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Laun. The old proverb is very well parted between my master Shylock and you, fir ; you have the wit, sir, and he has the monies. Bass. Thou speak'st it well: Go, father, with

thy fon : Take leave of thy old master, and enquire My lodging out: Give him a livery

[TO LEONARDO. More guarded than his fellows’: see it done.

Laun. Father, in: I cannot get a service, no ;-I have ne'er a tongue in my head.-Well, (Looking on his palm.] if any man in Italy have a fairer table, which doth offer to swear upon a book, I shall have a good fortune. Go to, here's a simple line of life! here's a small trifle of wives: alas, fifteen wives is nothing; eleven widows, and nine maids, is a simple coming in for one man: and then, to 'scape drowning thrice; and to be in peril of my life with the edge of a feather bed ;-here are simple 'scapes ! Well, if fortune be a woman, the's a good wench for this geer.--Father come; I'll take my leave of the Jew in the twinkling of an eye. (Exeunt LAUNC. and Old Gobbo. Bass. I pray thee, good Leonardo, think on

this ; These things being bought, and orderly bestow'd, Return in hafte, for I do feast to-night My best esteem'd acquaintance; hie thee, go.

Enter

Enter GRATIANO.
Gra. Where is your master ?

Leon. Yonder, sir, he walks. (Exit Leon.
Gra. Signor Bassanio.....
Bass. Gratiano!
Gra. I have a suit to you.

Bass. You have obtained it. Gra. You must not deny me; I must go with you to Belmont. Bass. Why then you must :----But hear thee,

Gratiano; Thou art too wild, too rude, and bold of voice ;--Parts, that become thee happily enough, And in such eyes as ours appear not faults; But where thou art not known, why, there they how .

., Something too liberal ;---pray thee, take pain T'allay with some cold drops of modesty Thy skipping spirit; left, through thy wild be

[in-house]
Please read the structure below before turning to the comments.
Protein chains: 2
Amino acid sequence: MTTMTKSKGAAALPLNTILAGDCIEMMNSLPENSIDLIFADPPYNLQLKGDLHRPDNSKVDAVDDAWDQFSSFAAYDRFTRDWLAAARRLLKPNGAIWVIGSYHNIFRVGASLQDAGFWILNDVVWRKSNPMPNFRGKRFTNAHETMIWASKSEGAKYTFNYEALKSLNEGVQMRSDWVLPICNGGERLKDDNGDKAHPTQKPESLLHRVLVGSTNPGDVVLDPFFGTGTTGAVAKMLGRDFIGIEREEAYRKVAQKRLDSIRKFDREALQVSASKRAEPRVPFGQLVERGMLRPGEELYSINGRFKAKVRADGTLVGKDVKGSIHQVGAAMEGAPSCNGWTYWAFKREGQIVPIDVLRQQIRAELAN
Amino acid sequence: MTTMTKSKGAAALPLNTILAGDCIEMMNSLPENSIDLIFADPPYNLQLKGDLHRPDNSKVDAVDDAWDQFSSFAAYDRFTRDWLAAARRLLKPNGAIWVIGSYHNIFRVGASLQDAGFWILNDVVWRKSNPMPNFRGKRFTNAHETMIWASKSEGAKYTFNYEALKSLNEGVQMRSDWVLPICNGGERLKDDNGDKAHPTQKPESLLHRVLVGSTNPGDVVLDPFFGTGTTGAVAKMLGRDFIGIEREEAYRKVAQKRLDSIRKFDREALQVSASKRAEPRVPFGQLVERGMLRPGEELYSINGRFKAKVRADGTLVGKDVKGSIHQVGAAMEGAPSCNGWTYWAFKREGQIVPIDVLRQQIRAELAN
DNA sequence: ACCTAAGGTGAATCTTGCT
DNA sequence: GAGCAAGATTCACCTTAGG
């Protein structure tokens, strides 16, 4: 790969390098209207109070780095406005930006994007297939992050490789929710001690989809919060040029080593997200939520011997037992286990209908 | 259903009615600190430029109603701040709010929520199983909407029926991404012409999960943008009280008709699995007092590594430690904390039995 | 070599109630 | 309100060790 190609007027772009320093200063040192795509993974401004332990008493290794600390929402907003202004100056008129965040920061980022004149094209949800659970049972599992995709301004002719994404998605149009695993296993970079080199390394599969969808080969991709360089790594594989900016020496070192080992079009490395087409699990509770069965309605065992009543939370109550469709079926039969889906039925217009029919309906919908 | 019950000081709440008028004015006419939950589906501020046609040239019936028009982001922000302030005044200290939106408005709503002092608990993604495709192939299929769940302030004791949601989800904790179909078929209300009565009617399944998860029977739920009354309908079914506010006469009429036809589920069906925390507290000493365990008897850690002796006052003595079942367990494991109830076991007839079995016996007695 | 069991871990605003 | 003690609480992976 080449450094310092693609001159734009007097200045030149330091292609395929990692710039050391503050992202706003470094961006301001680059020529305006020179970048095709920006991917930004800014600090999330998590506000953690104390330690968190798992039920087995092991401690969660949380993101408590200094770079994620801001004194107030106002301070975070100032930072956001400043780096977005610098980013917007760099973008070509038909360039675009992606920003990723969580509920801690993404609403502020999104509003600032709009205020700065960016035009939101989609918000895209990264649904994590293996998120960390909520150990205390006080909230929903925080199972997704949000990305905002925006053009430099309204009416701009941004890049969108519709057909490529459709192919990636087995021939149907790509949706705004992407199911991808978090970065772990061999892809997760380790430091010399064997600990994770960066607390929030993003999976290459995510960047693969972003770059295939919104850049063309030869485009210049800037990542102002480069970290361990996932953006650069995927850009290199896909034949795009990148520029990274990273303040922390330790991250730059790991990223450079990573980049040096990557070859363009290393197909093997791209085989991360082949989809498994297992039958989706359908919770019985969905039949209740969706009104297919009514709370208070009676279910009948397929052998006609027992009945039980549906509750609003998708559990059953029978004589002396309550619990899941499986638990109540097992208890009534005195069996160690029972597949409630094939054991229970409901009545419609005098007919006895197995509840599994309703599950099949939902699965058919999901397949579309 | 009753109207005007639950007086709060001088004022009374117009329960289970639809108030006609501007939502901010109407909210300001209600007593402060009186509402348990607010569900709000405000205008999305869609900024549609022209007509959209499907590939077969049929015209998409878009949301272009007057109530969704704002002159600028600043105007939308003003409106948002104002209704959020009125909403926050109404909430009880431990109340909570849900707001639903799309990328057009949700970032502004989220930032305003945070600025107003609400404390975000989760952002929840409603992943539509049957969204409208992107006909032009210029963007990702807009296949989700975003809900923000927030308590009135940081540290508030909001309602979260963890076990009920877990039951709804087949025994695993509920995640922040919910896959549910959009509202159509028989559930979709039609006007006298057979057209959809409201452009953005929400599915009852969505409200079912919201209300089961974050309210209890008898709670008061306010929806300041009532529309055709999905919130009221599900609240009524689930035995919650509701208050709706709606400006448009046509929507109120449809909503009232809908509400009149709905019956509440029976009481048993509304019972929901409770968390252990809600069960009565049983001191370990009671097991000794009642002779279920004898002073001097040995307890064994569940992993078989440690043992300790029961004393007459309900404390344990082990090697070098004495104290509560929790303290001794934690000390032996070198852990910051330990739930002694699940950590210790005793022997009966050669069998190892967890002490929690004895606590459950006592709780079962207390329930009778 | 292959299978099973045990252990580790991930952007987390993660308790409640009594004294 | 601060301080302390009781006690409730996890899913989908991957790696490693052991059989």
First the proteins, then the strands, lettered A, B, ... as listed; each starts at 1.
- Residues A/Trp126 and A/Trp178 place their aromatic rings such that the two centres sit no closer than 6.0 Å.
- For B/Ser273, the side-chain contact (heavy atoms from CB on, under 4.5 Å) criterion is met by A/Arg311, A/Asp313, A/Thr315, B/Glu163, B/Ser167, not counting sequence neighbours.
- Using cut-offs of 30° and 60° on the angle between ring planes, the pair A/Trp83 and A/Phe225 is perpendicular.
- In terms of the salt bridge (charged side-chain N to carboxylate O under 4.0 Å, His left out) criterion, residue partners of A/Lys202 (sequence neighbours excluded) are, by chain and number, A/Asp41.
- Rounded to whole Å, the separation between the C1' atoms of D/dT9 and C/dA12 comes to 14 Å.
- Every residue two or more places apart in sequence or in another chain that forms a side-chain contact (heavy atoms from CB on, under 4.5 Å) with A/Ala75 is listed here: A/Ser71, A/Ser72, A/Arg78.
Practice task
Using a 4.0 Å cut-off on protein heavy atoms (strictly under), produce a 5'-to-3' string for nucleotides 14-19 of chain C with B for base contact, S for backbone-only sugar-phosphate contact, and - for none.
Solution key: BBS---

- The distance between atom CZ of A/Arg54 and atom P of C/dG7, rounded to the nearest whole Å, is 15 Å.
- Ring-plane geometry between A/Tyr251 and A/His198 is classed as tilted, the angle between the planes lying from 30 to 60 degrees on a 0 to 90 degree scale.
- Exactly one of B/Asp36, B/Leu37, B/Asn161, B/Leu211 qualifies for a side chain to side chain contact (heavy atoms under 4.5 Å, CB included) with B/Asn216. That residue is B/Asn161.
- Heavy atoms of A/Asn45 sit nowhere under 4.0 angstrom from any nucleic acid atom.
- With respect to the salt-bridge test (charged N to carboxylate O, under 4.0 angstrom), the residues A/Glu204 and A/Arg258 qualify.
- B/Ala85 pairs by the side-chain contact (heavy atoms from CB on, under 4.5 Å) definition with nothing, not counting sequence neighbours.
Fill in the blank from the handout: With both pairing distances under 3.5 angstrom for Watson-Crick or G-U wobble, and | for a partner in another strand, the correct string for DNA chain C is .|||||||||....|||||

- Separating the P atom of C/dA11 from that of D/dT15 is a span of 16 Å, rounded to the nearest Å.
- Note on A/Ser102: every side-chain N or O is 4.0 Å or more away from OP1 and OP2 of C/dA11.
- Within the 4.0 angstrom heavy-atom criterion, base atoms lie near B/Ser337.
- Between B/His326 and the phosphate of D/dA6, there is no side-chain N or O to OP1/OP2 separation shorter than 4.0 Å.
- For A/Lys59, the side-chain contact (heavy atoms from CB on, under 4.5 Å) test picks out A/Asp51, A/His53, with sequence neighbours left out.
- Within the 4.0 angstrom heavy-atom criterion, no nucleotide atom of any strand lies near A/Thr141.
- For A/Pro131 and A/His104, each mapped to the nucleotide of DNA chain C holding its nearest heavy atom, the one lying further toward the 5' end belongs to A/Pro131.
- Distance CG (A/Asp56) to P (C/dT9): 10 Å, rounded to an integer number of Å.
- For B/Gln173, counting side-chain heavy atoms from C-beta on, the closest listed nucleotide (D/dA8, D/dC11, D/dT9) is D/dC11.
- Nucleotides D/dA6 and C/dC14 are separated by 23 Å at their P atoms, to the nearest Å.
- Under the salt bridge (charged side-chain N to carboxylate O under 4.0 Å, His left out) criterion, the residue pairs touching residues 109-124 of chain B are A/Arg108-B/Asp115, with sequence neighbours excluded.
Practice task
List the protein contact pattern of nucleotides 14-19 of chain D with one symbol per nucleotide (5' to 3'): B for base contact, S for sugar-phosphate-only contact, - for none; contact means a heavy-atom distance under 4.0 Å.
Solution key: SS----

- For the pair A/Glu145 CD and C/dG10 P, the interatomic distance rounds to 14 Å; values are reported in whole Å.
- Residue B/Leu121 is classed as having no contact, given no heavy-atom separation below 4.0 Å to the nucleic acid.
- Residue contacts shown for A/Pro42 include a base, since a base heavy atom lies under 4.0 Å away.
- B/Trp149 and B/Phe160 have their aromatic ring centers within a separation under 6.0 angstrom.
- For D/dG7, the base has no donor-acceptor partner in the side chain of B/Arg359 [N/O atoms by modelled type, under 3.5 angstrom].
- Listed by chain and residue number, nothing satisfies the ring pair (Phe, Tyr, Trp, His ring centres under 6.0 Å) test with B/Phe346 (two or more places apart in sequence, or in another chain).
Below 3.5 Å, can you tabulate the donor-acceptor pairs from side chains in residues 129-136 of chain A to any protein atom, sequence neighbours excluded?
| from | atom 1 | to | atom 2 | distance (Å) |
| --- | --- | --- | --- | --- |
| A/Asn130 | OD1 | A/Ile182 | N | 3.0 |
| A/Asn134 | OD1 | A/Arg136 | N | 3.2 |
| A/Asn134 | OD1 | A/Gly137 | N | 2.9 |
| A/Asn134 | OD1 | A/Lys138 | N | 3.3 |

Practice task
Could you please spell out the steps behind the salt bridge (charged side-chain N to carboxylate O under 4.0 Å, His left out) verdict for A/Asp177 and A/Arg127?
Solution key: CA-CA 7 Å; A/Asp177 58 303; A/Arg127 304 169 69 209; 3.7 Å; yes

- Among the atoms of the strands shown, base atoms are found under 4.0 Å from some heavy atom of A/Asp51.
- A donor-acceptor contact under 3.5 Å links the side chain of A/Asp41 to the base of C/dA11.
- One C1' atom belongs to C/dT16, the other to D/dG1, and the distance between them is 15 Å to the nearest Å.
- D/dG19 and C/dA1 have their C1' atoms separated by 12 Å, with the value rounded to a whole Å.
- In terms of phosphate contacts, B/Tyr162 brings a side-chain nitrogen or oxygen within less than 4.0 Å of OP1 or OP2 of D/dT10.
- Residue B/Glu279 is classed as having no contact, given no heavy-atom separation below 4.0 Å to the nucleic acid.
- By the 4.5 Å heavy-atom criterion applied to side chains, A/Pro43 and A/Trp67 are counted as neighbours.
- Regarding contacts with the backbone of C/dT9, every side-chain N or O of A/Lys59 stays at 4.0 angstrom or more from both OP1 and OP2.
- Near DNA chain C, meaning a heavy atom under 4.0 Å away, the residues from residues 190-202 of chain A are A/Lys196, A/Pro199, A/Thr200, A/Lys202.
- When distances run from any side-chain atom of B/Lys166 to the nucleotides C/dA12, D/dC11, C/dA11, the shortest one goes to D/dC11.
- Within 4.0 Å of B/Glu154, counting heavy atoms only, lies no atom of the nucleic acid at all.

haviour,
I be misconstru'd in the place I go to,
And lose my hopes.

Gra. Signor Bassanio, hear me : :
If I do not put on a sober habit,
Talk with respect, and swear but now and then,

Usc

Use all th' observance of civility,
Like one well studied in a fad oftent
To please his grandam, never trust me more.

Bass. Well, we shall see your bearing.
Gra. Nay, but I bar to-night; you shall not

gage me
By what we do to-night.

Bass. No, that were pity;
I would entreat you rather to put on
Your boldest suit of mirth, for we have friends
That purpose merriment; But fare you well,
I have some business.

Gra. And I must to Lorenzo, and the rest ; .. But we will visit you at supper-time.

Exeunt Bass and GRA.

SCENE II.

Shylock's House. Eiter Jessica and LAUNCELOT. .. Jes. I'm sorry, thou wilt leave my father so ; Our house is hell, and thou, a merry devil, Didst rob it of some taste of tediousness : But fare thee well; there is a ducat for thee. And, Launcelot, soon at fupper shalt thou see Lorenzo, who is thy new master's gueft: ....'

Give him this letter ;----do it fecretly: 'n
And so farewell; I would not have my father
See me talk with thee.'

Laun. Adieu !-----tears exhibit my tongue. ---Most beautiful Pagan! most sweet Jew! if a Christian do not play the knave, and get thee, I am much deceived: But, adieu! these foolish drops do somewhat drown my manly spirit ; adieu !

(Exit LAUN. Jes. Farewell, good Launcelot.com Alack, what heinous fin is it in me, To be asham'd to be my father's child! But though I am a daughter to his blood, I am not to his manners. O Lorenzo, If thou keep promise, I shall end this strife, Become a Christian, and thy loving wife.

[Exit Jess.

SCENE III.

A Street in Venice. Enter SALARINO, SOLANIO, GRATIANO and

LORENZO. Lor. Nay, we will slink away in supper-time; Disguise us at my lodging, and return All in an hour.

Gra. We have not made good preparation. i

Sula.

Sala. We have not spoke as yetof torch-bearers.

Sol. 'Tis vile, unless it may be quaintly or. dered ; And better, in my mind, not undertook. Lur. 'Tis now but four o'clock; we have two

hours To furnish us:

Enter LAUNCELOT. Friend Launcelot, what's the news? Laun. An it shall please you to break up this, it shall seem to lignity, (Gives Lorenzo a letter.)

Lor. I know the hand : in faith, 'tis a fair hand; And whiter than the paper it writ on, Is the fair hand that writ. - :

Gra. Love-news, in faith, Laun. By your leave, fir.

Lor. Whither goest thou? Laun. Marry, sir, to bid my old master the Jew to sup to-night with my new master the Christian.

Lor. Hold here, take this:-tell gentle Jessica, I will not fail her ;--Speak it privately, go.

(Exit Laun. Gentlemen, Will you prepare you for this masque to-night? I am provided of a torch-bearer.

Sala,

e-ne

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